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Three Insights from Microsoft’s Transition to Remote Work

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Microsoft had an extremely successful transition to remote work in response to COVID-19. Managers were able to dramatically reduce the impact of this transition on employees lives, helping them prioritize the work that really matters and find work-life balance. Erik Anderson, Director of Workplace Intelligence at Microsoft and co-author of the recent Harvard Business Review article “Microsoft Analyzed Data On Its Newly Remote Workforce,” joined our recent webinar to share three big takeaways and some advice with the credit union industry.

Erik is part of the team analyzing data from Microsoft’s recent transition to remote working, and he shared with us three major observations in the way people adapted to this disruption and change. He found that meeting norms changed quickly, that managers prioritizing wellbeing played a key role in team success, and that employees were very effective in maintaining human connections. He also shared a few recommendations that leaders can make to help facilitate successful remote working in their own organizations. 

Much of the data gathered is what Erik called “digital exhaust.” This is passively collected data around collaboration platforms that can give organizations insights into how employees are working together.  

Meeting Norms Changed Quickly 

In just 3-4 weeks after workers were sent home, new norms around meetings and the workday quickly formed. 

“We saw this phenomenon we called the rise of the 30 minute meeting,” said Erik. “Short meetings increased over 20%, and they tended to be smaller meetings. Longer meetings decreased, with meetings over an hour decreasing about 10%.” 

Microsoft issued surveys to better understand this trend, and found that people didn’t have the stamina to stay engaged with lengthy digital meetings that were previously held in conference rooms. The reason for scheduling meetings also shifted, with more employees meeting just to stay connected. Those informal meetings in breakout rooms or at coffee shops that could no longer take place during the lockdown effectively shifted to digital meetings.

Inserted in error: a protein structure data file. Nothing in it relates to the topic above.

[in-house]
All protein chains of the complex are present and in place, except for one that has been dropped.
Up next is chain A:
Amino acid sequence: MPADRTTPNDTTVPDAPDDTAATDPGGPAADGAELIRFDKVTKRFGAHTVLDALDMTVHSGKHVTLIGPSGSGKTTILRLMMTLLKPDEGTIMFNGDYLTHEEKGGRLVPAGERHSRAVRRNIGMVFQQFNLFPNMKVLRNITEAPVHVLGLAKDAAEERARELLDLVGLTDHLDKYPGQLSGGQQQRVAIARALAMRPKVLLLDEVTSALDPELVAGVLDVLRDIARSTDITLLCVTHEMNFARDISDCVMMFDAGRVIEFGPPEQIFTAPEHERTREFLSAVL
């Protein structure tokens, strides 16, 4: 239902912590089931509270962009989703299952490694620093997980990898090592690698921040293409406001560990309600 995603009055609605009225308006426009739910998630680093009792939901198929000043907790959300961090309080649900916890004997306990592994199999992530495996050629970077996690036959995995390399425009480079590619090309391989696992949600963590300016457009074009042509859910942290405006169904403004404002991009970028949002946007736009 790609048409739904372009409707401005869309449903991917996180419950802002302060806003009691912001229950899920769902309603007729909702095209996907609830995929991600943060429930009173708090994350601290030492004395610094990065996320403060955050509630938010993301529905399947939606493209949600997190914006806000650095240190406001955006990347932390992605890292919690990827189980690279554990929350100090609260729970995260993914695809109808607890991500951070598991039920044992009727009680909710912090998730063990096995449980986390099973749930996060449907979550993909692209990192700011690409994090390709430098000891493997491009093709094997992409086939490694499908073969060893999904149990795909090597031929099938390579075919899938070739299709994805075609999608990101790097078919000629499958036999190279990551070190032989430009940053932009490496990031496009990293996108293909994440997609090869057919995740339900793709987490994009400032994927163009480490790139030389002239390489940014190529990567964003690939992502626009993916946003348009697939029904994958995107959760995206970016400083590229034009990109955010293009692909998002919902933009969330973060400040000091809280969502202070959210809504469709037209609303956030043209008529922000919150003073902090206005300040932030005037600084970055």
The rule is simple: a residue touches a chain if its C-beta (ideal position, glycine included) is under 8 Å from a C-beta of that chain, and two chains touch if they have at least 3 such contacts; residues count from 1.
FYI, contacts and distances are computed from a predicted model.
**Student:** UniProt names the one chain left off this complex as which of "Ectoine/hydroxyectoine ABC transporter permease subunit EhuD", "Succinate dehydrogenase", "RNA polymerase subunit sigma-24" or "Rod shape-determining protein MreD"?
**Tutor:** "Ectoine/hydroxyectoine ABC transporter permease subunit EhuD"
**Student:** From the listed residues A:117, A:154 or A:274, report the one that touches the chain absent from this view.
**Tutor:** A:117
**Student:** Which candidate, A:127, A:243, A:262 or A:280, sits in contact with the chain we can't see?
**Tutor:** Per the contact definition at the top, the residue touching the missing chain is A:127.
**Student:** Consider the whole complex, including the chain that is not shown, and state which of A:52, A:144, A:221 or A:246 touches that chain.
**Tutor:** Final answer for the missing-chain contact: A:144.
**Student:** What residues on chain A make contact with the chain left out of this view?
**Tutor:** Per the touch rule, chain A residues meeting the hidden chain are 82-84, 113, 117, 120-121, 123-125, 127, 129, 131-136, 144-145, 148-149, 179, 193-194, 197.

The time distribution of these meetings changed as well. As employees adjusted to working from home with schools closed, they found themselves needing to integrate more into their days. Parents, for example, often needed to help their kids with remote learning in the mornings. As a result, collaborations that usually took place in the mornings shifted to the afternoons, the usual lunch slowdown disappeared, and more meetings shifted into late afternoon. 

With these changes also came major changes to the workday. 

Managers Prioritized Wellbeing 

Through helping employees focus on prioritizing their work and finding work-life balance, managers were able to dramatically reduce the impact of the remote work transition on their lives.”

“The concept of traditional workday got thrown out the window,” said Erik. “And people started making their own workdays.” 

Nontraditional workdays and a shift to working later raised concerns about wellbeing and burnout. But the data showed an interesting trend – managers were stepping up and doing the heavy lifting to adapt to these massive changes. Manager collaboration time increased by eight hours a week, much of it spent in one-on-one meetings with their teams. And the results were incredible.